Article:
Bethel talks focus on crime, race

Minority communities alienated by ‘crime-fighting’

Feb 16, 2015 by and

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NORTH NEWTON, Kan. — Charles Epp, professor of public affairs and administration at the University of Kansas, came back to his alma mater, Bethel College, to give presentations Feb. 8-9 on police treatment of African-Americans and Latinos in traffic stops.

Epp

Epp

Epp co-authored, with two KU colleagues, Pulled Over: How Police Stops Define Race and Citizenship. The book’s publication coincided with a rise in awareness of the frayed relationships between police and minority communities, revealed by the deaths while in police custody of Michael Brown and Eric Garner, both African-American men.

However, Epp began the research that resulted in Pulled Over about a decade ago. He was spurred by the stories he kept hearing from his African-American and Latino students.

“I’ve taught at KU since 1996,” Epp told his audience in Beth­el’s convocation. “I vividly remember, from early on, the black students telling me about their experiences with the police.”

In 2003 and 2004, Epp and his colleagues conducted a survey of drivers in the Kansas City area, with results and analysis published as Pulled Over.

As he introduced the findings at Kauffman Museum Feb. 8 and convocation Feb. 9, Epp began with the story of a driver named Joe. The African-American man was following the speed limit when he was pulled over for a “warrant check.”

“Joe was stopped by an officer who just wanted to see if this guy belonged in jail,” Epp said. “There was no rudeness or strong action on the part of the officer. Yet Joe said he ‘felt violated.’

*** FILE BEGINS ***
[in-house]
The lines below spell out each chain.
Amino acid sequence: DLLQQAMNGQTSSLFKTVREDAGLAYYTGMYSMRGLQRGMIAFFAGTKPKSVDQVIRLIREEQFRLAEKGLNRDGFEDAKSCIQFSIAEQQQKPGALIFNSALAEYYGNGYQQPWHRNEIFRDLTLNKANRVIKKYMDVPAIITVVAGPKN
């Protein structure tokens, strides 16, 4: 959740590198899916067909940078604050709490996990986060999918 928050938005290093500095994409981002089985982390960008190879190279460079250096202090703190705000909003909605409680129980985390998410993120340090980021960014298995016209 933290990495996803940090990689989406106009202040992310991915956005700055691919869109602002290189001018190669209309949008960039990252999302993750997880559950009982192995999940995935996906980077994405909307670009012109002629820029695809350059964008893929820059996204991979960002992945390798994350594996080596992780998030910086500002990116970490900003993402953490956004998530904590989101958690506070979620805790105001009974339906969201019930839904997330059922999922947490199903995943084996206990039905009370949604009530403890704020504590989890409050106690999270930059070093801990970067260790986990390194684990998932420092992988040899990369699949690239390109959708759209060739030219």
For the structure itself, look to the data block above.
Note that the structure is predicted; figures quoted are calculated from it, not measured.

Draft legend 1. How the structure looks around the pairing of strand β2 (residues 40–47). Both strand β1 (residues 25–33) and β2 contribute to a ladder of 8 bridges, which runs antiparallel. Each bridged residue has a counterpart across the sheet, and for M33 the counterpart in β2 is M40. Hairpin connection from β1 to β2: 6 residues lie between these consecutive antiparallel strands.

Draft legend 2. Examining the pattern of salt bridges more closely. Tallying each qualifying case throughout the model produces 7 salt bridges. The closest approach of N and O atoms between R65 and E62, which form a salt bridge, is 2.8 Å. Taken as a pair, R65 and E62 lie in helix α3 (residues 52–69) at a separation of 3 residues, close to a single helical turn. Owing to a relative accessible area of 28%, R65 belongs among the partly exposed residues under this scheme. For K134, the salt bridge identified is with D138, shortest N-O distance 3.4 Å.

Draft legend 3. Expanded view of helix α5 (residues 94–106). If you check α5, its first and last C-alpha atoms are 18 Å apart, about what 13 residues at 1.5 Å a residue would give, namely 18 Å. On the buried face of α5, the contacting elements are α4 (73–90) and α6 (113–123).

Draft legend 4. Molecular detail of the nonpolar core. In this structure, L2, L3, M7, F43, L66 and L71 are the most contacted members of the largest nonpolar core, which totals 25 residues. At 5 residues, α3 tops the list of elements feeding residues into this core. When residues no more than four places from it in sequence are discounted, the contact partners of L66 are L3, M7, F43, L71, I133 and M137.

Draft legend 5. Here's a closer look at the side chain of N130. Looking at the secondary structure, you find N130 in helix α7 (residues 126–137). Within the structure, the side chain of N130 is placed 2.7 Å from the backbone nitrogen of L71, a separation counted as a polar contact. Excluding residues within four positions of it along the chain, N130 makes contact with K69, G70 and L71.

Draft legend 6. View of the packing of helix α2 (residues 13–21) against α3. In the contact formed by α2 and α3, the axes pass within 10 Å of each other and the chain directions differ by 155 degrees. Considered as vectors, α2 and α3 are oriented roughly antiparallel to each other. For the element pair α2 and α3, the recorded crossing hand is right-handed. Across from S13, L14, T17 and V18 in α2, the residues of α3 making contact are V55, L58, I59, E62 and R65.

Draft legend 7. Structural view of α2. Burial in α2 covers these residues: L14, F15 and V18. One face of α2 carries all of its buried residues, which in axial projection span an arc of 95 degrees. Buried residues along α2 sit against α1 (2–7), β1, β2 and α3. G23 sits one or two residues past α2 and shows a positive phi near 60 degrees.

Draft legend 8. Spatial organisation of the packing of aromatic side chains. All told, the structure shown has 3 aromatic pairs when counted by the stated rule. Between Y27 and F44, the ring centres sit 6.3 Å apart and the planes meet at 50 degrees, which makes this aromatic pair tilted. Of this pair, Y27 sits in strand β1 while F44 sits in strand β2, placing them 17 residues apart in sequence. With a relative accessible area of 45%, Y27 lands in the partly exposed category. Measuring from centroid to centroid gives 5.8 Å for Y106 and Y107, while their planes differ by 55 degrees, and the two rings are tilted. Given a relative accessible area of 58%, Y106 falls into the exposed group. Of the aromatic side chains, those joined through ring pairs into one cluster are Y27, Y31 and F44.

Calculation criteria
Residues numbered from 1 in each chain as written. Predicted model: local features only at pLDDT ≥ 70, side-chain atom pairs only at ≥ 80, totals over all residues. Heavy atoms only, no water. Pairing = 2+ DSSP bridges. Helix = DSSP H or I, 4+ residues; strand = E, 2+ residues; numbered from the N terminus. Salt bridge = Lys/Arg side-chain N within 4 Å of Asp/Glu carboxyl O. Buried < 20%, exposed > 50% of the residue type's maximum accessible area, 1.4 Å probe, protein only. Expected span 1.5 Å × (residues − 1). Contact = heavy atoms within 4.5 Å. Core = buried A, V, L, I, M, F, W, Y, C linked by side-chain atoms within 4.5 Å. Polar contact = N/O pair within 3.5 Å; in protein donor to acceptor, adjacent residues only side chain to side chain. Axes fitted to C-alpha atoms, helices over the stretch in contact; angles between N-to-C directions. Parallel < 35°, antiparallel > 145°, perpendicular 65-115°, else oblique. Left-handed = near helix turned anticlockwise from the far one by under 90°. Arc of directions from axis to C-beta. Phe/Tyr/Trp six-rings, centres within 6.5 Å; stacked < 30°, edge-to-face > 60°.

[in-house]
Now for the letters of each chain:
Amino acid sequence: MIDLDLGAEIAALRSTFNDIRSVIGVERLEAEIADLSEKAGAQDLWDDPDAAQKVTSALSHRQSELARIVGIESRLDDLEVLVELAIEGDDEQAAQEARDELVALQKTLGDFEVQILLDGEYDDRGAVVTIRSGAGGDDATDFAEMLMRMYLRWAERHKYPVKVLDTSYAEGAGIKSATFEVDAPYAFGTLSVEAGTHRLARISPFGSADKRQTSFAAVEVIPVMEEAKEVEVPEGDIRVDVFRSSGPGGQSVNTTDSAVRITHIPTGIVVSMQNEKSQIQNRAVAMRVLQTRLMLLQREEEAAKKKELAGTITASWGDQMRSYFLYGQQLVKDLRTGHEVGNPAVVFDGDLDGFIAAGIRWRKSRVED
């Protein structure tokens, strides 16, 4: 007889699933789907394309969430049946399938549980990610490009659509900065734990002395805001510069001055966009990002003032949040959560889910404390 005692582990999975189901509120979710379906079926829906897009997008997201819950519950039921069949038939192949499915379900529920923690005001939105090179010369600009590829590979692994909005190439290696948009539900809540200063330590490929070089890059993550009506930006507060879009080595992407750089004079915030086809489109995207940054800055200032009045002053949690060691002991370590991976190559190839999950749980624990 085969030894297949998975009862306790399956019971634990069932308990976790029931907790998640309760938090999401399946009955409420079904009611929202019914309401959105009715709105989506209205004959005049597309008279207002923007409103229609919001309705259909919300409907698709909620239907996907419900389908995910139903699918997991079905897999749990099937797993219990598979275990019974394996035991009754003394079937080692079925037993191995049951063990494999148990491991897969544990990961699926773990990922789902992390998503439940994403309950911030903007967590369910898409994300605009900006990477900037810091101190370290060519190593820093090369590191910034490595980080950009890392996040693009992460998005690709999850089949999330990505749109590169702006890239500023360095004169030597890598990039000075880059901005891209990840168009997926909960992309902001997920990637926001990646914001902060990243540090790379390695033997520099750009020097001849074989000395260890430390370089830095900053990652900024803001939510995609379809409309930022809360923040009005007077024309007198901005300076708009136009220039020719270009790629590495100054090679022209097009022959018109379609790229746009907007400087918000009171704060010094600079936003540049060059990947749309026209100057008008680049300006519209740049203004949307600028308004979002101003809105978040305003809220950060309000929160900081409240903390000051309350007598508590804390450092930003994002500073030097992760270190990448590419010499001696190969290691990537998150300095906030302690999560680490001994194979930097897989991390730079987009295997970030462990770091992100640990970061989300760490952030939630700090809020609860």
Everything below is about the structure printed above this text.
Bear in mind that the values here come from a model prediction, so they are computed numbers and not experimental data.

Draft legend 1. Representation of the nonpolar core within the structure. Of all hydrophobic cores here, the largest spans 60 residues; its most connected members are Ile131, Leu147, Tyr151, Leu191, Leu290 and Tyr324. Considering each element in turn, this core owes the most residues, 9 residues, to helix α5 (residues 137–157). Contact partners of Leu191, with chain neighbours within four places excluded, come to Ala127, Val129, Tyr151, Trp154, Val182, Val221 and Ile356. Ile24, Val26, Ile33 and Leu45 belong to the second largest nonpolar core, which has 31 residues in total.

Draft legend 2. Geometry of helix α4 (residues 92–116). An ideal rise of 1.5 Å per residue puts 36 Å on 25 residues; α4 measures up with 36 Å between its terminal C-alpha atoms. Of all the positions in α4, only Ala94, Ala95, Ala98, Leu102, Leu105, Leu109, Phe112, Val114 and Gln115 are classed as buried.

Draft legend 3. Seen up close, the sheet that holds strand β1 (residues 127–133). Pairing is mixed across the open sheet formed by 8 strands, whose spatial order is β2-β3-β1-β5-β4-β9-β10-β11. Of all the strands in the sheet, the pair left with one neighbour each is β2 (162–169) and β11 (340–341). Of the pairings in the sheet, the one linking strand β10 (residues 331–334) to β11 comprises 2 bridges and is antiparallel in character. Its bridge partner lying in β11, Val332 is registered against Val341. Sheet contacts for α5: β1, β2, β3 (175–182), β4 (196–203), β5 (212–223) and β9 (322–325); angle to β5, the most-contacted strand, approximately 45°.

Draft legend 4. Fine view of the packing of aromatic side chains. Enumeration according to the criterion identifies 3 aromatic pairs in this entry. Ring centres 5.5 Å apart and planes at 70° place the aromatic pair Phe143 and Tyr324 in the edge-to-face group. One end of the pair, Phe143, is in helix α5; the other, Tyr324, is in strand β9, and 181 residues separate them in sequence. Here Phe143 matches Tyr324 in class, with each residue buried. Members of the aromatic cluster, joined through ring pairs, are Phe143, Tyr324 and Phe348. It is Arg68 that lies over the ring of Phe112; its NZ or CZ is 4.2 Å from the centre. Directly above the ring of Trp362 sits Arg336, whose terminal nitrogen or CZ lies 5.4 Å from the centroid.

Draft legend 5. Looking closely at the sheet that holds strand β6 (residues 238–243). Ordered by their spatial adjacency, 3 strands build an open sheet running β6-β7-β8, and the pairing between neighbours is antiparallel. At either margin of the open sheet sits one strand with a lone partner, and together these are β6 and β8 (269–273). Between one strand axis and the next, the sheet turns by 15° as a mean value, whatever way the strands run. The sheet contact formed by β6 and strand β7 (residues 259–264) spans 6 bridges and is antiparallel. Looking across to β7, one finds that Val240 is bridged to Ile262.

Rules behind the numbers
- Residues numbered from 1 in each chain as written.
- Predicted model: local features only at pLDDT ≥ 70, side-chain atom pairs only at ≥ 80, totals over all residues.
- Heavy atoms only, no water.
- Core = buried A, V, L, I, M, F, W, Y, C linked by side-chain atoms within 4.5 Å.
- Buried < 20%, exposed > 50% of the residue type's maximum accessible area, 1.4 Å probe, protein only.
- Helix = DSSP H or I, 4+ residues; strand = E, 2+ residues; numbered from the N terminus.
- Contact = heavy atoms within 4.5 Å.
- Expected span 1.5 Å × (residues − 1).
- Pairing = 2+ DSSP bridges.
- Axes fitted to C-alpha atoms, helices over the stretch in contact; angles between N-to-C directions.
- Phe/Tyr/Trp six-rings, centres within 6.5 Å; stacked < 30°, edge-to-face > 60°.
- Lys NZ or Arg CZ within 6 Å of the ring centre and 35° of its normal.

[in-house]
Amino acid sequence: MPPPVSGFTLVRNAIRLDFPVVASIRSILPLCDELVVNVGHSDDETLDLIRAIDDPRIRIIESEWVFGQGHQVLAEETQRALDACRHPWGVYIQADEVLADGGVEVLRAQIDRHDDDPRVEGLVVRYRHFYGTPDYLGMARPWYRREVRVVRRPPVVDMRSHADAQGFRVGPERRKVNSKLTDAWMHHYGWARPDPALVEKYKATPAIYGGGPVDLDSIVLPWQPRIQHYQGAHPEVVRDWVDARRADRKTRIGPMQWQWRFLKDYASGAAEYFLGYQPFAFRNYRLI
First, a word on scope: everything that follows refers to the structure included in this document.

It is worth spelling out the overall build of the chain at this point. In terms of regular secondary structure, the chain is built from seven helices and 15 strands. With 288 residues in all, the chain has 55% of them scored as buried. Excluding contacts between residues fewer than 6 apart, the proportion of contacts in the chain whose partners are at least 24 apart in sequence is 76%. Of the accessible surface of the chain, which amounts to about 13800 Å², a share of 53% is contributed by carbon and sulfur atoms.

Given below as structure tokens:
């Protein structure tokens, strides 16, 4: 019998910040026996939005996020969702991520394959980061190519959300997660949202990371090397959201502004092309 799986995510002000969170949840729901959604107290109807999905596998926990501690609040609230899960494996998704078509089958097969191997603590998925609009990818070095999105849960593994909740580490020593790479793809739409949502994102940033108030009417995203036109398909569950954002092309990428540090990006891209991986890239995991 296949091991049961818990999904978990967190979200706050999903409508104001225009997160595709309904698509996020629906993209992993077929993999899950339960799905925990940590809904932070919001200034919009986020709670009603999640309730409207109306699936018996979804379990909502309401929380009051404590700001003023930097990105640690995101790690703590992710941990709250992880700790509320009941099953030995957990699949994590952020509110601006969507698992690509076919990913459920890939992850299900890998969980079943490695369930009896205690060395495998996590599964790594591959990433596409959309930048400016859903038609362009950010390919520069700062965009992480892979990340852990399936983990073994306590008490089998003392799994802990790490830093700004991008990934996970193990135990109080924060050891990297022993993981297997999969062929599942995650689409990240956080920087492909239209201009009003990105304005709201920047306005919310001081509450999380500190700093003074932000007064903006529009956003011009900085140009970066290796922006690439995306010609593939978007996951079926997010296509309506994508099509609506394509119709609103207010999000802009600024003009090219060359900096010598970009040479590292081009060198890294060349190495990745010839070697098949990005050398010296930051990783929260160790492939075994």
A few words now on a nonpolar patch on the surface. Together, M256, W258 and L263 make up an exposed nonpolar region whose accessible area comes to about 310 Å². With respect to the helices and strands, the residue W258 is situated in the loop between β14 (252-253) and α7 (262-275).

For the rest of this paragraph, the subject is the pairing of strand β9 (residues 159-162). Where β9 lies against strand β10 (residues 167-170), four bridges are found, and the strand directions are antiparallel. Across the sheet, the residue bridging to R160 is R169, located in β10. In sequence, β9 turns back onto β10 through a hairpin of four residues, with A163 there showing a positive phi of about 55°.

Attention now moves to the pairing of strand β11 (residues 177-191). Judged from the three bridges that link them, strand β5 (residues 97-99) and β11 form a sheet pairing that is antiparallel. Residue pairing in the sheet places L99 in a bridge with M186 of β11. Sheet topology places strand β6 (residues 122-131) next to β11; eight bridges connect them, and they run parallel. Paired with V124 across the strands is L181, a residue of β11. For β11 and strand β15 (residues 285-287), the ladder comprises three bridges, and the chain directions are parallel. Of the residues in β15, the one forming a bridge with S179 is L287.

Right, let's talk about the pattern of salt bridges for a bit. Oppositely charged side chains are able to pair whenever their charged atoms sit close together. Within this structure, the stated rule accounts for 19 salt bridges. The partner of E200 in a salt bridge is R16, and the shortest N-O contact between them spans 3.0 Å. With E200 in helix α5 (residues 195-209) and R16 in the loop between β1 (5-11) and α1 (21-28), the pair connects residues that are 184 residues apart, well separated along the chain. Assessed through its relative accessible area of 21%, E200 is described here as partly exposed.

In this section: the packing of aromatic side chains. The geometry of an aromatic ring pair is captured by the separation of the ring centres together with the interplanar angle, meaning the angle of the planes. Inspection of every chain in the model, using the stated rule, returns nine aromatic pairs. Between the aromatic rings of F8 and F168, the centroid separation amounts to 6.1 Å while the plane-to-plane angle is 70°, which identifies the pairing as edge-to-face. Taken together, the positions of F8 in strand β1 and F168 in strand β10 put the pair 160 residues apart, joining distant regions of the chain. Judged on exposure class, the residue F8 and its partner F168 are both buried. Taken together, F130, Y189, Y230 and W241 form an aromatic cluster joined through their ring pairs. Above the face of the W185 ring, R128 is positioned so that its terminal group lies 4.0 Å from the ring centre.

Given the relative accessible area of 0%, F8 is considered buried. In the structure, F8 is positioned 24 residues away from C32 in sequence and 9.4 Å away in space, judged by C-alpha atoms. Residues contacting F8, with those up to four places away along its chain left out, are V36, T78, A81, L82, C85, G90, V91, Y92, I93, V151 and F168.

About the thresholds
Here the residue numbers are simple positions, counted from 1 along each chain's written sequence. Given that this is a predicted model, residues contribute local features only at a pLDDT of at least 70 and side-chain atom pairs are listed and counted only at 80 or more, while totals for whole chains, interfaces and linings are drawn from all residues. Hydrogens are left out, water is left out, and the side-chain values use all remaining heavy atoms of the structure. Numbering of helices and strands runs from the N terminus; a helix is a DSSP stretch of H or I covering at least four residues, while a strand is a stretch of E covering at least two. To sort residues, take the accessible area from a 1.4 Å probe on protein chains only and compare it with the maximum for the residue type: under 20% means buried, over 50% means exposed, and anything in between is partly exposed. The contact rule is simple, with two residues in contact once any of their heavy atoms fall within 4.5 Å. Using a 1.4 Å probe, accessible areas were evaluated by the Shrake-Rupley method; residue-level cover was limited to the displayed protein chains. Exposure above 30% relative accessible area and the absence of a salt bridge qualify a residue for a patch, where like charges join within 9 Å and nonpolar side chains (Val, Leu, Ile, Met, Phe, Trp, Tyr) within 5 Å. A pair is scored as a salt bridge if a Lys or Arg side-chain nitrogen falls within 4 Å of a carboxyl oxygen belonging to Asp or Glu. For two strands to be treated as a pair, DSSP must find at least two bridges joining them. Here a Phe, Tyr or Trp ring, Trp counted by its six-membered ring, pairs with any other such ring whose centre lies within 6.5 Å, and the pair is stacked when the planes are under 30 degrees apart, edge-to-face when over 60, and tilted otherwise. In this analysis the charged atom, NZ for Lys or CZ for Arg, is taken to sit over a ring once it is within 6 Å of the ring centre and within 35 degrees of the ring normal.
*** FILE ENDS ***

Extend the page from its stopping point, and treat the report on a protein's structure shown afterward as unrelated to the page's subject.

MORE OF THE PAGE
“You can see the seeds of the black public’s reaction to Ferguson [Mo., Michael Brown’s hometown], fueled by deep frustration with these kinds of stops over many, many years. This pattern causes psychological harm to individuals and is corrosive to democracy and the rule of law in this country.”

Who looks suspicious?

The commonly touted cure, Epp said, is “to hire more black and Latino officers, to have better training for all officers, to have them wear body cameras. These are excellent proposals that would improve policing, and I support every one of them, but they won’t solve the problems.”

They don’t go to the source.

“Racially different police stops occur not just in lily-white, poorly trained departments like the one in Ferguson but also in the most highly diverse and well-trained departments in the country.”

Epp’s research points to a deep fear and distrust of police in minority communities stemming from investigatory stops, a policy developed over the past 30-plus years. While a traffic-safety stop is a reaction to a traffic violation, investigatory stops are “proactive. They are supposed to get bad guys off the streets.”

The policy “encourages officers to select people on the basis of suspicion,” Epp continued, “with very specific protocols on what constitutes ‘suspicion’ — such as a black person in white neighborhood, or someone who ‘looks like they shouldn’t be driving that kind of car,’ or ‘furtive behavior.’ ”

Such investigatory stops can lead to officer searches and even detention of the driver. Even when things don’t escalate, drivers stopped in such situations feel deeply disturbed.

“It’s a numbers game,” Epp said. “Officers know that only a tiny proportion of these stops will yield an arrest or any information about crime, so they have to do so many to increase the odds of finding illegal drugs or weapons. Yet study after study shows that ‘the hit rate’ is less than 2 percent.”

Writing in the Washington Post shortly after the publication of Pulled Over, Epp and one of his co-authors, Steven Maynard-Moody, said, “[Investigatory] stops poison blacks’ attitudes toward the police — and toward the law itself. They undermine police effectiveness and turn the citizens of a democracy into the controlled — and resentful — subjects of a security state.

“It’s time to end them.”


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